That first flight lasted 75 minutes and, according to Sutter, proved that the 747 flew well, was stable and had light controls with well-balanced forces.
“This is a flying arrow,” Wadell declared after the flight. “A pilot’s airplane.”
The 747 was the result of work by about 50,000 people, dubbed “the Incredibles”, who built the aircraft in less than 16 months.
That first plane was 225ft (68.5m) long with a tail as tall as a six-story building and required the construction of a 200-million-cubic foot (5.6m cu. m) plant at Everett, near the US city of Seattle.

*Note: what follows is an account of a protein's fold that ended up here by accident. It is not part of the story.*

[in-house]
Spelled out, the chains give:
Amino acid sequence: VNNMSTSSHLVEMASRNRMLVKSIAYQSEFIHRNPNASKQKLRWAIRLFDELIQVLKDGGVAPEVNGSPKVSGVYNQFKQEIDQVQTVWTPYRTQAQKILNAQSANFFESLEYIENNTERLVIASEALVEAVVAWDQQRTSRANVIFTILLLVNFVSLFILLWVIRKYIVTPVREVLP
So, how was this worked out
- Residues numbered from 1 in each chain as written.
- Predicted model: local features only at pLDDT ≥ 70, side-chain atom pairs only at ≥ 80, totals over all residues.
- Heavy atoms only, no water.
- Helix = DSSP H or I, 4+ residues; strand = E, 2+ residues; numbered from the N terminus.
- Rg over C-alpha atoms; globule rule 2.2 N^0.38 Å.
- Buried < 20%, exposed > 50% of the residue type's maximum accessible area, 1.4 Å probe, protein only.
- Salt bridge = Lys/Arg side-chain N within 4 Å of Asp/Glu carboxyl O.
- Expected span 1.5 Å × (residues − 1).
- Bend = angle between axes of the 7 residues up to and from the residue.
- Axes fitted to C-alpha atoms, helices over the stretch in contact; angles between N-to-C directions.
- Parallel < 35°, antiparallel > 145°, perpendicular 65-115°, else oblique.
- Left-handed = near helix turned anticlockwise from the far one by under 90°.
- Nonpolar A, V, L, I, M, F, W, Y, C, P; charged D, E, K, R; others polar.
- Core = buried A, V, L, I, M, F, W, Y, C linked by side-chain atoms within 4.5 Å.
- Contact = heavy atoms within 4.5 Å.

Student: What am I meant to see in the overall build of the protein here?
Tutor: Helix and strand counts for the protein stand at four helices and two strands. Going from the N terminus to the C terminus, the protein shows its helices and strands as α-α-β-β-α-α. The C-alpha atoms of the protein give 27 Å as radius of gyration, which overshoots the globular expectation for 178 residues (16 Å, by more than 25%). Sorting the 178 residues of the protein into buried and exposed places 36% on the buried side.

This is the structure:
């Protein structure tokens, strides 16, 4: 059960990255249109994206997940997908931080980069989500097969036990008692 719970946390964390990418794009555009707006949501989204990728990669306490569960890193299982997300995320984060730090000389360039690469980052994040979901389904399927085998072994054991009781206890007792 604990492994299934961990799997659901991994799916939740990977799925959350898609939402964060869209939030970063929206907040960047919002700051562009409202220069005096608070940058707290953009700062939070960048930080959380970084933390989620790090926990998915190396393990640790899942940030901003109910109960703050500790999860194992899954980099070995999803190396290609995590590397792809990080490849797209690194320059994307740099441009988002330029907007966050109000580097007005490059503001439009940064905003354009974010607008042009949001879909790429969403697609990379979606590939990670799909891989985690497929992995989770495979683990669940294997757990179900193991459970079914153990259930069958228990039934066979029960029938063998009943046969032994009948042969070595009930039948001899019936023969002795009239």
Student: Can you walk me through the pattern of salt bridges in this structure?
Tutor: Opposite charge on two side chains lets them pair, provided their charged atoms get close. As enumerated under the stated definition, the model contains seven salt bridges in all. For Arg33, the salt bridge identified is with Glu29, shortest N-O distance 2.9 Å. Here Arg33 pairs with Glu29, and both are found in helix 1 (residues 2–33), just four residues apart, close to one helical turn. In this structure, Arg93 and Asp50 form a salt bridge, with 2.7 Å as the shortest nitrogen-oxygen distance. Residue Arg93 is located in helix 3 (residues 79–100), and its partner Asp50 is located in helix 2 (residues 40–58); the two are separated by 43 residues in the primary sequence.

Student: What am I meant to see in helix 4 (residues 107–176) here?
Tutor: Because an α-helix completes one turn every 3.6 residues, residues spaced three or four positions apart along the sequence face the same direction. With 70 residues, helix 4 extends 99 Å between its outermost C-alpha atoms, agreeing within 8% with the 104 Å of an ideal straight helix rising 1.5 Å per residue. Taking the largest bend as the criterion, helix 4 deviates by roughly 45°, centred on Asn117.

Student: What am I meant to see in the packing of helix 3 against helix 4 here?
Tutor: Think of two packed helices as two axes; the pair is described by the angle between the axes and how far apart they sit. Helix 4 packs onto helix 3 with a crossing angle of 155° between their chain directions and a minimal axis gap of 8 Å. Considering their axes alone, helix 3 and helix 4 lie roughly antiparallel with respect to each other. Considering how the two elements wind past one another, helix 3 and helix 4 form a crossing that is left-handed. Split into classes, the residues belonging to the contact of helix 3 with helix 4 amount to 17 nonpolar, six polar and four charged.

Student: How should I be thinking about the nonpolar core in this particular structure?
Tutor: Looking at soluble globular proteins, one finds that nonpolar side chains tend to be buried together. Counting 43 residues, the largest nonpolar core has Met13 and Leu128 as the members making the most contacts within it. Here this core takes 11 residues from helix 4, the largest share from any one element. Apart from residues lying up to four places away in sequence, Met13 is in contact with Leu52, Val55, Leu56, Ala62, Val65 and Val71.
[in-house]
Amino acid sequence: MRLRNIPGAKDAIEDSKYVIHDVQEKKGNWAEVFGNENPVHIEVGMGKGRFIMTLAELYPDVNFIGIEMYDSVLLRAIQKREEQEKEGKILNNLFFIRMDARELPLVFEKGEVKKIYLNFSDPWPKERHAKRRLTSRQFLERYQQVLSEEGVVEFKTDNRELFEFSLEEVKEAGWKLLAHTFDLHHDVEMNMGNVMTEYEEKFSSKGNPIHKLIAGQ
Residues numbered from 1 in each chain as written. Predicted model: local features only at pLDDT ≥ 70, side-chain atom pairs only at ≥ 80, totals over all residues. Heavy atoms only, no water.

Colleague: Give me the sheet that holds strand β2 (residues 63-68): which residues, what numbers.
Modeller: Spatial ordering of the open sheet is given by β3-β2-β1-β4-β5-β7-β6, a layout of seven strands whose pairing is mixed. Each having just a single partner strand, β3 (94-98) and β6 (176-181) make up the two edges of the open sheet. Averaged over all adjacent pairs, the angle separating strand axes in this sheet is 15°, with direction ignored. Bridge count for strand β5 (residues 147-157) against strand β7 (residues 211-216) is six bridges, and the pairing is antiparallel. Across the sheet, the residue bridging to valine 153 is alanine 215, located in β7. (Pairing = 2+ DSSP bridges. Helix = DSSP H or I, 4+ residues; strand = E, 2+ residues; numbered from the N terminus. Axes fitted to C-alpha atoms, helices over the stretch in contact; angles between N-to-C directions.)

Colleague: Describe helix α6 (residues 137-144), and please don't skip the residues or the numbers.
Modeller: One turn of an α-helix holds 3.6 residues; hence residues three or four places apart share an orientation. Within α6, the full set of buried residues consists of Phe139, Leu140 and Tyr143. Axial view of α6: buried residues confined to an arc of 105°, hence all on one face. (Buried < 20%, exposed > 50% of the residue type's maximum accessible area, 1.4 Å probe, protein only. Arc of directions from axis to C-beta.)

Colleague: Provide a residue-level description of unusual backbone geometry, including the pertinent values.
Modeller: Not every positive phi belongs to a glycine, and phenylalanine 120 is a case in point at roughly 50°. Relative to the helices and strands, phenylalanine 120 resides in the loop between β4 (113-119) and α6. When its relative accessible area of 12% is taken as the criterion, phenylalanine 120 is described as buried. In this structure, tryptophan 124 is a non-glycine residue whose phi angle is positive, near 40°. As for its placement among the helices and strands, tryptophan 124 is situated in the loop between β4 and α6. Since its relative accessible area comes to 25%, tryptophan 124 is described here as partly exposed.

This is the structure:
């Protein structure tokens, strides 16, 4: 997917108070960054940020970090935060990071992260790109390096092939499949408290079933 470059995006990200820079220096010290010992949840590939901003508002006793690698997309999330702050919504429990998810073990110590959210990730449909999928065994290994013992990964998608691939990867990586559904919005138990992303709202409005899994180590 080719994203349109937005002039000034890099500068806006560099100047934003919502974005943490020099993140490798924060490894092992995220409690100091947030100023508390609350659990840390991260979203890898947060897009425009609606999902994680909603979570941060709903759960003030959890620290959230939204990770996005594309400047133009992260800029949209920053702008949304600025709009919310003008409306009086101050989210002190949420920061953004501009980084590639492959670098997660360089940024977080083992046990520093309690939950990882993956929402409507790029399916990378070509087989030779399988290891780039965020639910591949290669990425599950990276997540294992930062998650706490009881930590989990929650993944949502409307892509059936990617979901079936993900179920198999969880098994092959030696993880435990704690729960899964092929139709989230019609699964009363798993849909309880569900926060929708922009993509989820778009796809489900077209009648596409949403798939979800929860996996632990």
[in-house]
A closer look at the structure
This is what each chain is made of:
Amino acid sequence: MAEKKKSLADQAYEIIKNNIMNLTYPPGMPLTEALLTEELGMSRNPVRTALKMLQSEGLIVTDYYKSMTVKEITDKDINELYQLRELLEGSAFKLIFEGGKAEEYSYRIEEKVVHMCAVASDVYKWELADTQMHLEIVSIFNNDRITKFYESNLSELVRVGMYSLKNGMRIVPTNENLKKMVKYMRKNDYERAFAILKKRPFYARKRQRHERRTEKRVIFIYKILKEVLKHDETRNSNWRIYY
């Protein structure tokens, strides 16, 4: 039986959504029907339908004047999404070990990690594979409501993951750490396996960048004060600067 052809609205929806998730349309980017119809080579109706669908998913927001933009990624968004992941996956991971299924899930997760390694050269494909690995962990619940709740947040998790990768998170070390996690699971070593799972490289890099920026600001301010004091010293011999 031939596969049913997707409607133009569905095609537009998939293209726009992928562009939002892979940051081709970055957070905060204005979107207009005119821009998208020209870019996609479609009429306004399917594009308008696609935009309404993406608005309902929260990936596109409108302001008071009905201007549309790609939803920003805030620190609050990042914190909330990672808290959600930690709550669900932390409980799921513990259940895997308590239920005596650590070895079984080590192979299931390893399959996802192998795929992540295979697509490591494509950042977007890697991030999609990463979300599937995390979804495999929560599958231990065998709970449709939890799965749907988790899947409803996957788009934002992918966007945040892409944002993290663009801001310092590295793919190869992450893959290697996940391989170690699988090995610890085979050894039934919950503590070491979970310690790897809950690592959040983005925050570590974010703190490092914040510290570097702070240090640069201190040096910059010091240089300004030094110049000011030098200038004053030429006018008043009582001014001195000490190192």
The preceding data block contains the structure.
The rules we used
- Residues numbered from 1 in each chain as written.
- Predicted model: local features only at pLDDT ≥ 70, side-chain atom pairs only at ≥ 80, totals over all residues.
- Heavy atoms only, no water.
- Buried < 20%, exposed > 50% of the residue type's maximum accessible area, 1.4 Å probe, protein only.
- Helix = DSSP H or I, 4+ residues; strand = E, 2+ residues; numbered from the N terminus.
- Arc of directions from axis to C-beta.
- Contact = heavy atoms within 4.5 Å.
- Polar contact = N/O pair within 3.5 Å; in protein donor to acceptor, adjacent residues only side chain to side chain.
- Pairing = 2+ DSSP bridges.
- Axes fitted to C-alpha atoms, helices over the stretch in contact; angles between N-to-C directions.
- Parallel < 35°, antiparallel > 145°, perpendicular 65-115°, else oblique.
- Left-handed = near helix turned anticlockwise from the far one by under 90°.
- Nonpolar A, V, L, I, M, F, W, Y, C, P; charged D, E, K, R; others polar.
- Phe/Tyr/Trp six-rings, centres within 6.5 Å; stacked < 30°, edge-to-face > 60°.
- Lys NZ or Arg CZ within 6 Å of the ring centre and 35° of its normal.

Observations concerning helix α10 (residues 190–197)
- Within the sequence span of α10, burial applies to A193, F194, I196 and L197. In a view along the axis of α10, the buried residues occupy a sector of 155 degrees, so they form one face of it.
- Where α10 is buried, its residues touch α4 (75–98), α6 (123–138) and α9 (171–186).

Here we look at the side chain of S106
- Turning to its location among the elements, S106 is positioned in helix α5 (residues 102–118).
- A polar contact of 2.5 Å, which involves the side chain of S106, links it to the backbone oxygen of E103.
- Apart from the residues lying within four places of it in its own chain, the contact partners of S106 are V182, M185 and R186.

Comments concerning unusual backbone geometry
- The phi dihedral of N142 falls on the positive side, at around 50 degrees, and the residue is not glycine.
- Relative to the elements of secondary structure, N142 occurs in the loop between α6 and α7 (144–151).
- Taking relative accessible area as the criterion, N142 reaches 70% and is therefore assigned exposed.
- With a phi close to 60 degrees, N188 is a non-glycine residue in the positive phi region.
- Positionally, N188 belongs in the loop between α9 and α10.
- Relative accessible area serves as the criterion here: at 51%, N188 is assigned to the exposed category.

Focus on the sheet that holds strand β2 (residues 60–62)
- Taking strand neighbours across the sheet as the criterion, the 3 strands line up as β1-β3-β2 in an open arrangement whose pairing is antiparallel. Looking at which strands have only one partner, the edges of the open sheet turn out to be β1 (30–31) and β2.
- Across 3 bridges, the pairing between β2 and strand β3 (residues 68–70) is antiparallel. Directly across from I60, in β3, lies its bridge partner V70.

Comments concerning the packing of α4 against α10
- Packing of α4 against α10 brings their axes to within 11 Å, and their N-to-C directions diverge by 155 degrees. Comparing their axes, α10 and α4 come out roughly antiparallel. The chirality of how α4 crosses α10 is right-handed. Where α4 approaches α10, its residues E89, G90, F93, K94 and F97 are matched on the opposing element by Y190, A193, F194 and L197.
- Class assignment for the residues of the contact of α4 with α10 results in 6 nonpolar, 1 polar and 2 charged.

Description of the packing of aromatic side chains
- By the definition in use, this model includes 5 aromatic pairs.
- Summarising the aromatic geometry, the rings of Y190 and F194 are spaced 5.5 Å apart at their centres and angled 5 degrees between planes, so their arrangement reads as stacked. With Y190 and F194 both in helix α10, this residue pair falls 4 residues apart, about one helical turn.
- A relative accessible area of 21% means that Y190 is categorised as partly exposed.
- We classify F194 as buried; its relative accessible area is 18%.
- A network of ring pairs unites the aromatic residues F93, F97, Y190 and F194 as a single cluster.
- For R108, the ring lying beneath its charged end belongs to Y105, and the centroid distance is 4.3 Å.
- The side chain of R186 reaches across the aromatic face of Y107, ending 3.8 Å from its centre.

It carried a ton of air when it was pressurized, its cargo hold had room for 3400 pieces of baggage and its total wing area was bigger than a basketball court.
It was unlikely anyone was thinking about the change they were about to unleash on the lives of billions of people as the first Boeing 747 rolled out onto Everett’s Paine Field during a cold winter morning on February 9, 1969.
They were also not anticipating that the 747 would end up logging more than 57 billion nautical miles (121.5bn km) — the equivalent of 137, 293 trips from the Earth to the moon — and fly more than 5.9 billion people.
Their attention was very much on how this somewhat controversial giant of the skies would perform.
The plan had been for read more ⇒